What's a comp—and can recent sales data be trusted?

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By Emily Myers  |
June 24, 2021 - 12:30PM

Recent sales of comparative apartments—or comps—are used to determine an approximate asking price.


When you are buying or selling in New York, recent sales of comparative apartments—or comps—are used to determine the approximate asking price of a place. 

At first glance, it would seem that this data is fairly easy to access because it is publicly available on most listing sites. But you need to do more than look for places with the same number of bedrooms, same square footage, and in the same neighborhood. You (or your broker) need to take into account whether you're looking at condos or co-ops, doorman or non-doorman buildings, amenity rich new developments or no-frills walk ups—and where the apartment is located within the building–plus numerous other factors.

Finding valid comps is a "painstaking task," says Rachel Lustbader, a broker at Warburg Realty. For example, if you're selling your place, apartment 10F, the best comps for it would be the recent sale of apartments in the same building, on the same line, and within one or two floors.

John Walkup, co-founder of the real estate analytics firm UrbanDigs, says if your neighbors haven't sold in the past year, "then it’s best to branch out to the hyper-local area to find others in the neighborhood."

The goal is to strike an apples-to-apples comparison, he says. So a condo is not a comp for a co-op and neither is the 18th floor comparable to the ground floor. 

Making adjustments

It's an "imperfect science," Walkup says. Once a broker finds a comp, they'll make adjustments to the asking price of the apartment they are trying to sell (or the buyer's offer) based on its floor level, condition, and size. Placement within the building, views, outdoor space, and maintenance are also important factors. 

So if you are selling your apartment, and your broker finds a comp but the main difference is that your place has a renovated kitchen and the comp does not—the broker will increase the value of the comp to compensate for the lack of renovation. "The idea is to put the comp on the same level as the target unit, to get as close to market value as possible," Walkup says. Brokers use comps to justify pricing options.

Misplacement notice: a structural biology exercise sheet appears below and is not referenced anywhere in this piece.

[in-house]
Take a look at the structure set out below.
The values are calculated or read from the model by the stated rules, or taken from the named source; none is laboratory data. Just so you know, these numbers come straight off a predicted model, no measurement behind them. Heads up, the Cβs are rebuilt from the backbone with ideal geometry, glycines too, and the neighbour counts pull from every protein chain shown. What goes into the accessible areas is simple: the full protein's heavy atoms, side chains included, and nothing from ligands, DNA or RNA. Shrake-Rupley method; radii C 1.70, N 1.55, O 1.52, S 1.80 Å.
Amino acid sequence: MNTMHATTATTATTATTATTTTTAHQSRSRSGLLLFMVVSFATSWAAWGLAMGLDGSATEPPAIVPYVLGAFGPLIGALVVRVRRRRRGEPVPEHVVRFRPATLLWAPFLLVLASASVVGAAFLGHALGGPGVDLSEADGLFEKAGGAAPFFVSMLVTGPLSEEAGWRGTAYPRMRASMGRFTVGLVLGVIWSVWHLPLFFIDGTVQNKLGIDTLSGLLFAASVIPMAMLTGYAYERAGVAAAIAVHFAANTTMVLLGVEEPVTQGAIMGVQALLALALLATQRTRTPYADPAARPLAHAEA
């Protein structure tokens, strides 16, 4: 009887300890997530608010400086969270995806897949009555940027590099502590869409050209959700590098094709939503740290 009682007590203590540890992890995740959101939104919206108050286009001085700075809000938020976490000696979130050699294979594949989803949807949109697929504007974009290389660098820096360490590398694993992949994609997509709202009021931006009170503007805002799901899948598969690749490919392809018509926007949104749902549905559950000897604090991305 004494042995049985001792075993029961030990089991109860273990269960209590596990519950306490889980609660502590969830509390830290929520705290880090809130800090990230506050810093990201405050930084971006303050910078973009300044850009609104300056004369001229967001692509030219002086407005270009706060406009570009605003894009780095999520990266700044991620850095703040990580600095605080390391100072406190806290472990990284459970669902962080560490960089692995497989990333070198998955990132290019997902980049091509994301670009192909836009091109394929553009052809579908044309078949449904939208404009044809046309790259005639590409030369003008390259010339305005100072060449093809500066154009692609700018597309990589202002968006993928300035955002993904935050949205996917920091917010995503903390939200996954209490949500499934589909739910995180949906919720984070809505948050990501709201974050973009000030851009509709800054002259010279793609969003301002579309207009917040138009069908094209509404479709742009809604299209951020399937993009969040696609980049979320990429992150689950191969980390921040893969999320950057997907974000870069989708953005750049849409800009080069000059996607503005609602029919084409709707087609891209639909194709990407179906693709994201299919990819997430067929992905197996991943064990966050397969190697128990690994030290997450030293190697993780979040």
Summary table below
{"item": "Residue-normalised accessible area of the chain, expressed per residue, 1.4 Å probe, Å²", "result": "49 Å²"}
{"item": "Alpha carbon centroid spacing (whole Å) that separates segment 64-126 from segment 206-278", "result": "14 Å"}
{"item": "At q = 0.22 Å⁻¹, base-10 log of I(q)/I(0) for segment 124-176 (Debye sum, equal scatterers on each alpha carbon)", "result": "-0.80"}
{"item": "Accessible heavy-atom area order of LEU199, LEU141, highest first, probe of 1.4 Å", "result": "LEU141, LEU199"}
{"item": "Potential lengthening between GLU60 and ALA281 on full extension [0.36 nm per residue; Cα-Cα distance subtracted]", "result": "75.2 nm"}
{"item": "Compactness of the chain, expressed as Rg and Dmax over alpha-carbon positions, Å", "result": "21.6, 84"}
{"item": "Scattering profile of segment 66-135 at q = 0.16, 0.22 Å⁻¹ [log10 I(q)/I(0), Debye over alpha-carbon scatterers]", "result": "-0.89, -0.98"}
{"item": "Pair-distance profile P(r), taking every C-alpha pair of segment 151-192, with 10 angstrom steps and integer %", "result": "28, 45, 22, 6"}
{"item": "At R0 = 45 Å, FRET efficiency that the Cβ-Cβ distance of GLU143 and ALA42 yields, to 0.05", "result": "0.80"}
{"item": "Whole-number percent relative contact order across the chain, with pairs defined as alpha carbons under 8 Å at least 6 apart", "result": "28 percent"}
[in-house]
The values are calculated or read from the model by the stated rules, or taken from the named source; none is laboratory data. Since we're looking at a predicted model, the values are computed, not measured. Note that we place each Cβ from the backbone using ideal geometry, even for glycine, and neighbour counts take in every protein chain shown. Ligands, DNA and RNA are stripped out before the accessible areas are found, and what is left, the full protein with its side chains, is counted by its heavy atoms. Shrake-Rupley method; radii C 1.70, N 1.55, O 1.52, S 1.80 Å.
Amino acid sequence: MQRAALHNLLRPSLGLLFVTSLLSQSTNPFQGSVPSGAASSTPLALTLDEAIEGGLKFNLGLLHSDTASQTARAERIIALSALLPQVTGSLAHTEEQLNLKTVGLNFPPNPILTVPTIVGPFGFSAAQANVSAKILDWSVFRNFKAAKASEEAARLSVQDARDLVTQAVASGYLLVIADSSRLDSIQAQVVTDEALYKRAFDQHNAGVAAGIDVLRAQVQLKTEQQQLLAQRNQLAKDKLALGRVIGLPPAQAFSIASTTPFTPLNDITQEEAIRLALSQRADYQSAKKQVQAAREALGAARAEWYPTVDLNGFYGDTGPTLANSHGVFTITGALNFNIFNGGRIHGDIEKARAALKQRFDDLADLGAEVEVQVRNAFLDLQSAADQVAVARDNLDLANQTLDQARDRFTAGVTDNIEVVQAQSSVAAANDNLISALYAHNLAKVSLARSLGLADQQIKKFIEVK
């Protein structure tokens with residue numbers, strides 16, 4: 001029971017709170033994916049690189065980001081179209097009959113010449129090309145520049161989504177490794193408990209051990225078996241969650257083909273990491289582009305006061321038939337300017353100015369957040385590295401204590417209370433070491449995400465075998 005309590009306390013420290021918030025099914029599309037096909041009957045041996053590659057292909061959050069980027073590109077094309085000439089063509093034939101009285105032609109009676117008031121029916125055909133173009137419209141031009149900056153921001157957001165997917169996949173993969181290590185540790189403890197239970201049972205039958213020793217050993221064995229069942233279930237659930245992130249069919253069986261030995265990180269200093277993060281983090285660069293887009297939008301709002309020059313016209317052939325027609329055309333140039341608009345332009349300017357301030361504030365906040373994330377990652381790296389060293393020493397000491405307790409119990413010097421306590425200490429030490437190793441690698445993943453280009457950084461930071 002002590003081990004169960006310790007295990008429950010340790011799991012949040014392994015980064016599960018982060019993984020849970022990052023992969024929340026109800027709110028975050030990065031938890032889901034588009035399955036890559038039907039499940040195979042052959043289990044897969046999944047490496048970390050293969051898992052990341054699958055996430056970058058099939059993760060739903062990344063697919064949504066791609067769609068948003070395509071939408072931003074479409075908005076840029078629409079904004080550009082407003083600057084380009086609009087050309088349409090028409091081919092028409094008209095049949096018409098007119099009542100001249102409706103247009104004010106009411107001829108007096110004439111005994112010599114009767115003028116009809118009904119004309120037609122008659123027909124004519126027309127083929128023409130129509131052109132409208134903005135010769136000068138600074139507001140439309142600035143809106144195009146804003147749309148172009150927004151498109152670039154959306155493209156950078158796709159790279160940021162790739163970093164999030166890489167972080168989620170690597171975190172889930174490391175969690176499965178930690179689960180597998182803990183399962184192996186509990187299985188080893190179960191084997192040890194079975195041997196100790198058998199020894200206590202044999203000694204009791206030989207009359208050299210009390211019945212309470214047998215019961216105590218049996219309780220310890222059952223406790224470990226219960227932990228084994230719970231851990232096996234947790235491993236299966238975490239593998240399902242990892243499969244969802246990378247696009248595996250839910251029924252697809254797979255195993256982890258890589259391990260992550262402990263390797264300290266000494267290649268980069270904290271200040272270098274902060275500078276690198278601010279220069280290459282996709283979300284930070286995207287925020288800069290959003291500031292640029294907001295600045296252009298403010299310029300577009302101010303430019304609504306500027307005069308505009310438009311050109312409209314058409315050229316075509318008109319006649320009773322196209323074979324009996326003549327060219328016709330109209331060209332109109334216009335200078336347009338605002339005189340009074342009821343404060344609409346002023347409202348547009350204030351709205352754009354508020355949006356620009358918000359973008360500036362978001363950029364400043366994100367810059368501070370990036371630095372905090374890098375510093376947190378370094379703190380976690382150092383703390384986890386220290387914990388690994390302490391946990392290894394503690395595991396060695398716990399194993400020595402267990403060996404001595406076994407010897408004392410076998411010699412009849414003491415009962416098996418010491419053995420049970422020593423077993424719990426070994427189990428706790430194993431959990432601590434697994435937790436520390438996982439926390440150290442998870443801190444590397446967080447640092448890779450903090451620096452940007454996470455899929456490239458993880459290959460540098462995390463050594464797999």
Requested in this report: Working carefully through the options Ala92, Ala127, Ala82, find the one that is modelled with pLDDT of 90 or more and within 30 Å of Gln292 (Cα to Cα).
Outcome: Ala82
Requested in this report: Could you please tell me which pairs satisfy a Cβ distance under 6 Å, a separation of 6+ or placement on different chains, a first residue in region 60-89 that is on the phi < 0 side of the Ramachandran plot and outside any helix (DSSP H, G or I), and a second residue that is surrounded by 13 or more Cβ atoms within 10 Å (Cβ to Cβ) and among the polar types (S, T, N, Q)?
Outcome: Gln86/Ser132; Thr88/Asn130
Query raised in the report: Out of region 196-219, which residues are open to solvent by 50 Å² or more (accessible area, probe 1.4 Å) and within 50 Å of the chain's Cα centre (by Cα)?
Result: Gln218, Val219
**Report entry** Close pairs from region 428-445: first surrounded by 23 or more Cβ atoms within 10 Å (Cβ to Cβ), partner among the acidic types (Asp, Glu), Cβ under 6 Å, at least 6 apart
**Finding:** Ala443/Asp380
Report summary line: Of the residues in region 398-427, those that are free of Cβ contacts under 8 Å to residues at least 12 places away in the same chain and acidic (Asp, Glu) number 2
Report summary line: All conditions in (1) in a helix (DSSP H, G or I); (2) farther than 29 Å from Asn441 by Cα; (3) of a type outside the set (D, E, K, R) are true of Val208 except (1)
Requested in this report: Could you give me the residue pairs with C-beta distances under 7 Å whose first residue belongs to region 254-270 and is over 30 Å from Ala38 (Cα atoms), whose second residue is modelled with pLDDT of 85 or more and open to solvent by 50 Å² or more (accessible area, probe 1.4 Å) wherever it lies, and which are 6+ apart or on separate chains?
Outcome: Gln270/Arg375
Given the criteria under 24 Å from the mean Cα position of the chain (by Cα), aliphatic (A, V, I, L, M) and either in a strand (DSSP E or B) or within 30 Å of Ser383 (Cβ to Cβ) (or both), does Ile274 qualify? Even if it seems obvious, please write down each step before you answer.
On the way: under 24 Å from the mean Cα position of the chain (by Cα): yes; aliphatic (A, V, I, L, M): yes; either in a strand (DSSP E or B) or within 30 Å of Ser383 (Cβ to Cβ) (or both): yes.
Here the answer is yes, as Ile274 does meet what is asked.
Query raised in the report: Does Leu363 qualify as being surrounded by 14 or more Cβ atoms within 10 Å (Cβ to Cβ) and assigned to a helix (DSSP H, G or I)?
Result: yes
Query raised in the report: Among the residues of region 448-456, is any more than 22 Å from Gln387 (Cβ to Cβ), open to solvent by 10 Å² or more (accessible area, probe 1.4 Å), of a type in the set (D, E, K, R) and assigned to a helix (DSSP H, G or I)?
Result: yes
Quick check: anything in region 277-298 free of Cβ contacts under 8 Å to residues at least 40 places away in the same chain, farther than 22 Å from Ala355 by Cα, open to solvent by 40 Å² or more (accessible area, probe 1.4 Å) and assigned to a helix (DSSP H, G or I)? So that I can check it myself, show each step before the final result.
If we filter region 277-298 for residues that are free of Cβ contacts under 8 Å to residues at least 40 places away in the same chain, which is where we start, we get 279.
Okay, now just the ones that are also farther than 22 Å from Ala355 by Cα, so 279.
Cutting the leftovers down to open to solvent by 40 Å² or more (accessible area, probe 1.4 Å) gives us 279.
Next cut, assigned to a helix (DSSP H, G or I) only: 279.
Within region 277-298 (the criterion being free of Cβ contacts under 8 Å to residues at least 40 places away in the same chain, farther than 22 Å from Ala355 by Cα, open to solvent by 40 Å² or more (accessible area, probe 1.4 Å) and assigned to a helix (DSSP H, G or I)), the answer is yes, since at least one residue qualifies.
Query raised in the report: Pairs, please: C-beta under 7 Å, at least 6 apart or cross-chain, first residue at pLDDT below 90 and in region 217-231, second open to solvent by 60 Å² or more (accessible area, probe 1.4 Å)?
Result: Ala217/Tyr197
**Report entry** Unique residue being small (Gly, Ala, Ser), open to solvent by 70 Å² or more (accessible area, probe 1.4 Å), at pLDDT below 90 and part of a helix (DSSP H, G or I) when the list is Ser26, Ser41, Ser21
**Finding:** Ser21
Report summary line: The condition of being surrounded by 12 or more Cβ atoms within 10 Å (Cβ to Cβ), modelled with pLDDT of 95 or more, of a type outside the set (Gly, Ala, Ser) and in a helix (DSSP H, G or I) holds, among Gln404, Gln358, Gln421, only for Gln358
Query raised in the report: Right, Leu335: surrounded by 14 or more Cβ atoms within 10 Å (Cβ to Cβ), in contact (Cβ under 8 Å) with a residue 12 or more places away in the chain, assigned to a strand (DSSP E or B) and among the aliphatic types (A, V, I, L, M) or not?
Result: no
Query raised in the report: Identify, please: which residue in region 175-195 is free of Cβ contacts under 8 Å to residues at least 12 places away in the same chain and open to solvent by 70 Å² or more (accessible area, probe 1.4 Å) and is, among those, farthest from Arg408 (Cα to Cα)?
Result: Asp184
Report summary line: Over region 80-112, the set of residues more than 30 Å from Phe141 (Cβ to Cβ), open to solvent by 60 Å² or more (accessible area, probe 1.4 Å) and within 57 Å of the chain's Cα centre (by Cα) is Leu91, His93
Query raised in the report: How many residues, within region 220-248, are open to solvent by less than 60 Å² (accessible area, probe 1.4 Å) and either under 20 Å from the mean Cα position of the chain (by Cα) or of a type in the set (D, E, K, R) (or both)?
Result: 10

All these numbers present an objective assessment of an apartment's listing price which Sarah Minton, an agent with Warburg Realty, says is "otherwise viewed through the subjective lens of someone going through the emotional process of buying or selling." 

A delay in the data

The best comp is one that reflects the market within a recent time frame, so within the past year. One big issue with comps, however, is that there's a time-lag between a contract being signed and when a deal closes. So even transactions recorded yesterday may reflect market conditions from months ago. Walkup says normally this isn't a big issue, "but in a market that's running as hot as Brooklyn or Manhattan, that poses a problem—incessant demand drives up prices faster than they can be recorded," he says. 

Similarly, when the market shut down during the pandemic, there were difficulties getting accurate comps with so few sales.

Walkup says the key to solving this problem is not to look just at sold comps but also active, in contract, and off-market comps. In other words, brokers are looking at asking prices of similar apartments; how long it took for similar apartments to go into contract and whether the price was reduced; and which similar apartments ended up being taken off the market because they failed to find a buyer. 



Headshot of Emily Myers

Emily Myers

Senior Writer/Podcast Producer

Emily Myers is a senior writer, podcast host, and producer at Brick Underground. She writes about issues ranging from market analysis and tenants' rights to the intricacies of buying and selling condos and co-ops. As host of the Brick Underground podcast, she has earned four silver awards from the National Association of Real Estate Editors.

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